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Best Buy Best Practice: A lesson in crowdsourcing
editorial

Best Buy Best Practice: A lesson in crowdsourcing

Crowdsourcing is often embraced as a model for open innovation to introduce ideas and influence change from outside the organization. To find out more about how leading companies are using crowdsourcing as a model to drive competitive advantage, I spoke with John Bernier, a Manager within the Emerging Platforms group at Best Buy, and former lead of Best Buy’s Twelpforce initiative, their innovative service that empowers employees from across the country to answer customer questions in real time via Twitter.

Best Buy has been in business for 45 years but most companies that have been around for that long are dealing with issues of old cost structures, legacy organizations and “not-invented-here” mentalities that encumber innovation and stifle change. For these firms the greatest challenge is how to invigorate and transform their organization.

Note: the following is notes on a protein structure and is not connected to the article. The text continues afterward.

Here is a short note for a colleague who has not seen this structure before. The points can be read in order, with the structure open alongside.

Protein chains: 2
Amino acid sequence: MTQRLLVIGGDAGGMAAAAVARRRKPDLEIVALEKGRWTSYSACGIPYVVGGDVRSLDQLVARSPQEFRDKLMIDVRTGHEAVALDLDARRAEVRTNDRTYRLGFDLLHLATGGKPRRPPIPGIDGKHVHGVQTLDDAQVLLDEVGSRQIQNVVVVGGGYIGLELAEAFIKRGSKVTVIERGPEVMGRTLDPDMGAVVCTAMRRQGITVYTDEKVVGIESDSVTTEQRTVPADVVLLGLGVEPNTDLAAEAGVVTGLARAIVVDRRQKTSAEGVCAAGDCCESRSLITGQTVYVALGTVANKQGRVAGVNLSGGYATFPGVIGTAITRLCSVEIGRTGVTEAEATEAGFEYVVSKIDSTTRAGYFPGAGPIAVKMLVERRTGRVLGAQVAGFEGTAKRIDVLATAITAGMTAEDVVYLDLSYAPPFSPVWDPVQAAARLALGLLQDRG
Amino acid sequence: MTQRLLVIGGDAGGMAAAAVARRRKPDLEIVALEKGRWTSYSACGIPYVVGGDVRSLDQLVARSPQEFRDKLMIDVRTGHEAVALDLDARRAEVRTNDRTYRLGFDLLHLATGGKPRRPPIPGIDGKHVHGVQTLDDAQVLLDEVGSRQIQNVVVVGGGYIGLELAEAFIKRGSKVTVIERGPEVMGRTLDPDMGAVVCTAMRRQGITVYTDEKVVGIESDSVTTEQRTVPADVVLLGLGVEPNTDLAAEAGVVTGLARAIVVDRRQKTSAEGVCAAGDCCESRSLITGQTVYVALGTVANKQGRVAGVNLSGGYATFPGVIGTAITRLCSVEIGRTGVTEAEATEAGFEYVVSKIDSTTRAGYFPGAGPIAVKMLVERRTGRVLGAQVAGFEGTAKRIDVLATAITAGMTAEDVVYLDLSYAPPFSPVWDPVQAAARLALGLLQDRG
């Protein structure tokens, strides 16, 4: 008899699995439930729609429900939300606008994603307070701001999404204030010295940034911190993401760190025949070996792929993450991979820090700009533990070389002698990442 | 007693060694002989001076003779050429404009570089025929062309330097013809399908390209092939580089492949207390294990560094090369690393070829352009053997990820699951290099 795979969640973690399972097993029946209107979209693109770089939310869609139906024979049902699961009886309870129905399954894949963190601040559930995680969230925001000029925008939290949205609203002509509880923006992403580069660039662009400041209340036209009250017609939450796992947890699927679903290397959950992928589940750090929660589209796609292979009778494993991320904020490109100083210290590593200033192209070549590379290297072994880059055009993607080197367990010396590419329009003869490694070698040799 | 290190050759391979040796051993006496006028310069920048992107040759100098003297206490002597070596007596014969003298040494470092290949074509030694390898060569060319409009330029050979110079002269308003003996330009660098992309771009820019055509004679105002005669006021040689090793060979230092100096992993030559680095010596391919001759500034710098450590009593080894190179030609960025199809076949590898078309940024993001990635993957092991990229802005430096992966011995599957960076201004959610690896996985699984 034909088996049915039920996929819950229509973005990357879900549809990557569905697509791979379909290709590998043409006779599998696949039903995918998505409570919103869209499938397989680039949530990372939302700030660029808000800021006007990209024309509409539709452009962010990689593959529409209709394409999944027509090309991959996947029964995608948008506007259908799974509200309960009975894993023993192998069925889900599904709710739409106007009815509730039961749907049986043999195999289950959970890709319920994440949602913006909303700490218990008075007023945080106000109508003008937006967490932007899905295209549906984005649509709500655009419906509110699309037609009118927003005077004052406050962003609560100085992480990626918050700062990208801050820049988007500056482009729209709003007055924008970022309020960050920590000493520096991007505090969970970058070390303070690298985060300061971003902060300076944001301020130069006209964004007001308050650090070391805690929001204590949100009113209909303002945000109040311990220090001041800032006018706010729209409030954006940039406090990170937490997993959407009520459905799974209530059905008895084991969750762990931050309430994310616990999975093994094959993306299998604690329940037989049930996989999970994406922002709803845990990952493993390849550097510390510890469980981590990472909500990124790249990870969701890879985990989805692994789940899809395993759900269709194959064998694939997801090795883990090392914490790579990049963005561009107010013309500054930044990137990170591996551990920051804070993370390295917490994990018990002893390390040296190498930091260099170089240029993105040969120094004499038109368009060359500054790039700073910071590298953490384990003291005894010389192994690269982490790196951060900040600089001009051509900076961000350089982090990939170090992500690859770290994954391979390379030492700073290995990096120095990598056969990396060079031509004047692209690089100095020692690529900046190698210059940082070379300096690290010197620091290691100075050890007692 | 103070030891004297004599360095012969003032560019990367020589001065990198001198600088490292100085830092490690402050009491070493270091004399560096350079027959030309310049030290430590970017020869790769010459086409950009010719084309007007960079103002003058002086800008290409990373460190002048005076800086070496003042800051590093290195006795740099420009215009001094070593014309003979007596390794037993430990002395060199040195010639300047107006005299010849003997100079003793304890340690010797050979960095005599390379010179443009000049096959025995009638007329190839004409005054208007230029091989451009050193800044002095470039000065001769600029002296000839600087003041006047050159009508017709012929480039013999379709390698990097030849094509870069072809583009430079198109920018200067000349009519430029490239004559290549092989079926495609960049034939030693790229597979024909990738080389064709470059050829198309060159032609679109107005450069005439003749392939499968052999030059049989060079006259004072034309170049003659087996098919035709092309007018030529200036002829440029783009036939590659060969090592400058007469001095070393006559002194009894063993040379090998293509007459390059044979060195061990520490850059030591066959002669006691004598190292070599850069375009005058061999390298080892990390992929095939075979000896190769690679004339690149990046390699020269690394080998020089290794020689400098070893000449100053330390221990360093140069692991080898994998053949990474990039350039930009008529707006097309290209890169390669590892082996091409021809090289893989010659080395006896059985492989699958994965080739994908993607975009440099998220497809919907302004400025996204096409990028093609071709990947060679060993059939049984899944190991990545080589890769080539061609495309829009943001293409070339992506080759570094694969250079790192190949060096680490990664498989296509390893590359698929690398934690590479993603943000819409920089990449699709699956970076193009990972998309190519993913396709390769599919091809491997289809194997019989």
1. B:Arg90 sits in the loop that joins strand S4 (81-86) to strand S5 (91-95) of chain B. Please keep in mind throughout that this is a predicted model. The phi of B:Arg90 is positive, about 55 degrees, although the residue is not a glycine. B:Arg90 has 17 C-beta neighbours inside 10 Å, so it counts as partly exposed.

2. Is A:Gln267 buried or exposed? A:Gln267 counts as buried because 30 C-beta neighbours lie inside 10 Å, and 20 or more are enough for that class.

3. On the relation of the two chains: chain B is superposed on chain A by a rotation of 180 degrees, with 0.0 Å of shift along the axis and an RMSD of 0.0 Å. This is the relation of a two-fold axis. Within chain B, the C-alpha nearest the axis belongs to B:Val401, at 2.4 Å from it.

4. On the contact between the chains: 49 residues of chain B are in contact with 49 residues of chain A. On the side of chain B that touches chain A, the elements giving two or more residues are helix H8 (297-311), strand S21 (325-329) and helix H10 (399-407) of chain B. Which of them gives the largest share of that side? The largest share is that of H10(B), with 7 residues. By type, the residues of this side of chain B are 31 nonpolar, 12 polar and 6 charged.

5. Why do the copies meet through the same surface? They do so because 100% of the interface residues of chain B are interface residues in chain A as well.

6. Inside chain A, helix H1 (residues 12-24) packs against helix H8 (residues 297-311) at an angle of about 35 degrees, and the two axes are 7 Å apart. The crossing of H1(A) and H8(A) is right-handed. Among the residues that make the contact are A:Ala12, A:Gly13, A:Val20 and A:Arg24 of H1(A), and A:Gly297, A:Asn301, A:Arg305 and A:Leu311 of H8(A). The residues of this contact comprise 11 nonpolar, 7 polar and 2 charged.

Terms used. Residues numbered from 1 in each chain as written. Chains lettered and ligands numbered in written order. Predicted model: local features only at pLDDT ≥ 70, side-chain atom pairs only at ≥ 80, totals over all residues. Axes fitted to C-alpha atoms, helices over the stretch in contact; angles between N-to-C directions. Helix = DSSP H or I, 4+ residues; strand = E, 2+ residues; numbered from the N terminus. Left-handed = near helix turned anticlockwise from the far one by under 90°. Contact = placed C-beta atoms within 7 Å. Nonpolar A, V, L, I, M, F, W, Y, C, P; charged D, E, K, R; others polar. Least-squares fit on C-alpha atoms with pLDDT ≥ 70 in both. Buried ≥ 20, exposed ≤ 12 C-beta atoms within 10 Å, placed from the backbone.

At Best Buy, however, their challenge is a very different one – with 180,000 staff members and millions of customers that aren’t shy to tell Best Buy what it needs to do better- the challenge is not in generating ideas but more an issue of how to sort and prioritize them. Best Buy has all the attributes needed for an “always full” innovation funnel: their employees are young and they live and work in a high-tech world -- nothing moves faster than consumer electronics! As such, Best Buy doesn’t measure itself on its ability to generate ideas but rather on how good it is at acting on them and how much better it does at converting these ideas than its competitors.